Slayers Novel Feats Collection #3 – The Ghost of Sairaag

We now proceed to the third installment of this series, covering the third novel, Slayers: The Ghost of Sairaag. This novel takes place in a familiar setting – the bounty on the heads of Lina, Gourry, and Zelgadiss, and the journey to Sairaag to clash with Copy Rezo. This is the familiar second half of the first season of the Slayers anime, after the brief transition that brings Amelia into Lina’s company (which does not happen in this novel).

Slayers: The Ghost of Sairaag | OBD Wiki Blog

The feats involved here were interesting, so let’s get right into them.

“Vision,” I whispered the name of the spell that was used to project an image of oneself over a very long distance, making it possible to communicate over miles; it was a rather convenient spell.

The thing was, Vision required a terminal – which could be another sorcerer – on the broadcast end. In other words, there had to be a sorcerer under Rezo’s command close by. (pg. 43)

“Miles” doesn’t quite do the feat justice, as Lina mentions that Sairaag was “five days” to the north. We saw this kind of thing in the anime, but not the mechanics behind it.

Some more on the mind damaging effects of Elmekia Lance:

Elmekia Lance damages an opponent’s mind. When used at its maximum power on a human being, the spell greatly debilitates the victim’s intellect, often causing shutdown similar to a coma or a very deep sleep.

But I cast the spell at less than maximum power by design. There were things I wanted to ask Vrumugun, and a comatose man wasn’t likely to volunteer answers.

Just as I’d planned, he was flat on his back, effectively paralyzed. He wouldn’t be able to make a physical attack or control a spell in his condition. But he was still conscious. (pg. 47-48)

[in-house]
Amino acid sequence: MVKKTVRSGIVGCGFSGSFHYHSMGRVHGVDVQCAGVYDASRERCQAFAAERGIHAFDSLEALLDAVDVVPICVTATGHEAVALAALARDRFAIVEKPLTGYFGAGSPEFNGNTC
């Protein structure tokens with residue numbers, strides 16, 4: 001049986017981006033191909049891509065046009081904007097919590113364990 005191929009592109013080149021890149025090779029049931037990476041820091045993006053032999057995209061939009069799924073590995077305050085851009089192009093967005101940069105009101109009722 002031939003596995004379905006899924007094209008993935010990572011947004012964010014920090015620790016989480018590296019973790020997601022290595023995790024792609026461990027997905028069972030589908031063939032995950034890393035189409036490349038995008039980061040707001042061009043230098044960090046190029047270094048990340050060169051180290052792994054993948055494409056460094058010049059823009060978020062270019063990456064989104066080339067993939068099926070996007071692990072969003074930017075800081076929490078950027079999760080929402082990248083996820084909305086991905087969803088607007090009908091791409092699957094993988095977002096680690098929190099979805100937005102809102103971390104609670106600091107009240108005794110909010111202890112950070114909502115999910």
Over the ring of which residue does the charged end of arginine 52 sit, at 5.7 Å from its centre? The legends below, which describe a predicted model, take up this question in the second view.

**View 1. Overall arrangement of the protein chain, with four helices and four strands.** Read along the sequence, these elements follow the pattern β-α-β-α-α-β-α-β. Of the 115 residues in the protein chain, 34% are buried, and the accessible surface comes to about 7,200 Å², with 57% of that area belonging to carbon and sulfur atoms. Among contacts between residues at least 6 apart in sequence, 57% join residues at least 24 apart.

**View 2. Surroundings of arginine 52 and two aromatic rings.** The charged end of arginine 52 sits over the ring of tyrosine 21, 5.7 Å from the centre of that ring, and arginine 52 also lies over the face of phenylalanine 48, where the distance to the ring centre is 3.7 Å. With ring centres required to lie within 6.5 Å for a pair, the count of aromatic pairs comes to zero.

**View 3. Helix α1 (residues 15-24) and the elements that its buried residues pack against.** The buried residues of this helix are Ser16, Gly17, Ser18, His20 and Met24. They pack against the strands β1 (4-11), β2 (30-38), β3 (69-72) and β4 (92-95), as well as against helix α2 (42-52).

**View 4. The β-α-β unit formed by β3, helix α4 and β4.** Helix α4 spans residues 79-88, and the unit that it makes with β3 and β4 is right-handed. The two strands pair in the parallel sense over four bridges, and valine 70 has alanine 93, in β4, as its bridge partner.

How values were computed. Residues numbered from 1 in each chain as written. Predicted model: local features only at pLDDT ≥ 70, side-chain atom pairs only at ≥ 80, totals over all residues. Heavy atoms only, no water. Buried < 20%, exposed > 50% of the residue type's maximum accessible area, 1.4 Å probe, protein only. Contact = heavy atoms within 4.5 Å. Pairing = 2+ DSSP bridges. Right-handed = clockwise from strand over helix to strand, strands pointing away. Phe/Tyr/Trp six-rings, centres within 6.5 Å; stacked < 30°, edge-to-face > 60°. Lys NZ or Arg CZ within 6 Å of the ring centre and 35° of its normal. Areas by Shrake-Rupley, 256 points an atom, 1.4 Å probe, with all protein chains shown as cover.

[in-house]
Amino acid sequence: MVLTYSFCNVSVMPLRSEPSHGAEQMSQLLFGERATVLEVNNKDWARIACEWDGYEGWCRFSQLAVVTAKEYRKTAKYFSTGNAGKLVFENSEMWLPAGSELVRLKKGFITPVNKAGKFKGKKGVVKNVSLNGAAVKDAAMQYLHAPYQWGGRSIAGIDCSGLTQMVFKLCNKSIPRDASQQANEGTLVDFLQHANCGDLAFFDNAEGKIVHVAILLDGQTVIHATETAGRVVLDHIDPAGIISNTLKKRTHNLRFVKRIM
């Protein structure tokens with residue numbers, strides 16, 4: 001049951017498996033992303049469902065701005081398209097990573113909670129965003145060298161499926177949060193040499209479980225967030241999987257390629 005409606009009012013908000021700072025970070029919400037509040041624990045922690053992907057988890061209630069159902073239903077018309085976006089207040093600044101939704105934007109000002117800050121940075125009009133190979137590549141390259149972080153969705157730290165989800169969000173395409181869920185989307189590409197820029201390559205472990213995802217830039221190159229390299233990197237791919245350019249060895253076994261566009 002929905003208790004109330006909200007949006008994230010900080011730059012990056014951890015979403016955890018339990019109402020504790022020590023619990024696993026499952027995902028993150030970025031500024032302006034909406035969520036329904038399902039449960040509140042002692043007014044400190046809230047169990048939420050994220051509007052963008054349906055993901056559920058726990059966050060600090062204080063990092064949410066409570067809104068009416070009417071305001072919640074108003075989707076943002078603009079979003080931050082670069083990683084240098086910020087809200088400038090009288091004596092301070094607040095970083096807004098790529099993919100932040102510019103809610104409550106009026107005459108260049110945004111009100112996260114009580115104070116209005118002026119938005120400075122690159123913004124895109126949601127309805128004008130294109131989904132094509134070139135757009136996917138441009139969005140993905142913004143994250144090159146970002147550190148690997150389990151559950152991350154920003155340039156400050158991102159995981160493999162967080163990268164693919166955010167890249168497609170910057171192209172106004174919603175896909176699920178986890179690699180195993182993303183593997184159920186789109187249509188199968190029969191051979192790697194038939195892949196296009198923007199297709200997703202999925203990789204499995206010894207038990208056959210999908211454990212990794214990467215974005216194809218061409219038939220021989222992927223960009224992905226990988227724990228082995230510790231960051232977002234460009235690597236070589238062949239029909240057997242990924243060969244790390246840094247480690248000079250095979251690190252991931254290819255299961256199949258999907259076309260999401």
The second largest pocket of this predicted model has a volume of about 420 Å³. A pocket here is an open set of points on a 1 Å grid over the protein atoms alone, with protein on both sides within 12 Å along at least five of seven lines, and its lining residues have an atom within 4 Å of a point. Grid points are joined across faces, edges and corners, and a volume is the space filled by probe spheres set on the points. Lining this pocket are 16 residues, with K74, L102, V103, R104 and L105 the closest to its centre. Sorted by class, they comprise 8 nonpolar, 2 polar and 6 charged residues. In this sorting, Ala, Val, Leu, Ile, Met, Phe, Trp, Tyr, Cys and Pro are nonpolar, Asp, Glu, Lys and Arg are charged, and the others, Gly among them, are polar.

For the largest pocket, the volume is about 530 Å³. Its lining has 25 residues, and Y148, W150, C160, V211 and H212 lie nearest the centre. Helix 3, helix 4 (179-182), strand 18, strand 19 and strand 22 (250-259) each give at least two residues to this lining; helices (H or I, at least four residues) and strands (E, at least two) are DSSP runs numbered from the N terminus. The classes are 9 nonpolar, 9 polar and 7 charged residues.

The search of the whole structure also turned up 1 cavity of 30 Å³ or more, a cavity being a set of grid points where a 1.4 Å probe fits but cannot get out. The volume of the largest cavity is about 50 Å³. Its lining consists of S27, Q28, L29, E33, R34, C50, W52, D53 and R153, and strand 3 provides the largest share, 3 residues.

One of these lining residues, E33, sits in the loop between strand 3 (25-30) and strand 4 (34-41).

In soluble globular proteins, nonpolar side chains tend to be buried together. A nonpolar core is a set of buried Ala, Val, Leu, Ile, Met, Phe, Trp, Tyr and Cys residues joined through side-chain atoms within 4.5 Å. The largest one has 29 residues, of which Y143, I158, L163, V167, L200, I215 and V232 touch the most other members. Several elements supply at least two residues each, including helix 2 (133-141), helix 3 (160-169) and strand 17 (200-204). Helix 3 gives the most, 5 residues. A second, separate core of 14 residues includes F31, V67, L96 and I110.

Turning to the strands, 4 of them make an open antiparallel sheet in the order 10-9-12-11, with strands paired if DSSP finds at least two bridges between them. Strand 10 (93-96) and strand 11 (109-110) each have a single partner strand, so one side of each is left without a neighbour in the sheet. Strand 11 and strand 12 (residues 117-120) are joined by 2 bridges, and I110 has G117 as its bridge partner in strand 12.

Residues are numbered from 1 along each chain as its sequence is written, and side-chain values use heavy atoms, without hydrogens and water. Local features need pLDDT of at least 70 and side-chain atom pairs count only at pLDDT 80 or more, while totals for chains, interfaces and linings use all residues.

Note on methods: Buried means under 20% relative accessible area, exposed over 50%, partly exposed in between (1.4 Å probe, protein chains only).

So there we have a lot more specifics on just what Elmekia Lance does to a human.

Next up…

“Bram Gush!” I shouted, forcefully launching my arrow of condensed wind energy. Though its effect varied from target to target, if my arrow hit its mark, it had enough power to pulverize a brick wall. (pg. 68)

We’ve seen Blam/Bram Gush in Slayers before:

But this gives us some solid numbers for a calculation, even though it would certainly be a bit feat compared to what Lina is capable of.

After mentioning on the previous page that Ray Wing could “beat a bird in a race” (though we know it’s faster than that), Lina mentions this:

Ray Wing’s speed is proportional to the weight being carried and the magical capacity of the one casting the spell. (pg. 70)

So someone greater than Lina, like Rezo, would be able to fly at a much faster speed than her.

Some choice creatures:

The term undead covered not only low-ranking zombies but also vampire class types who refused to die no matter how many times you killed them. Zelgadiss was trying to make sure the guy couldn’t revive himself even if he was undead.

Of course, some undead are spirited enough that even burning their corpses and performing a ceremony over their ashes isn’t enough to stop them from reviving. To truly destroy those requires a priest’s Exorcism spell – or just like with Mazoku – you can strike them at their source from the astral plane. (pg. 139)

More mind control:

It’s a form of mind control. A person’s mind can be controlled by a Black Magic curse or by attaching an object to his body and performing a lengthy ritual.

“The victim would usually revert to normal if the spell caster quit concentrating, but that wouldn’t happen if, say, one had a magically enchanted ruby placed in one’s forehead. (pg. 141)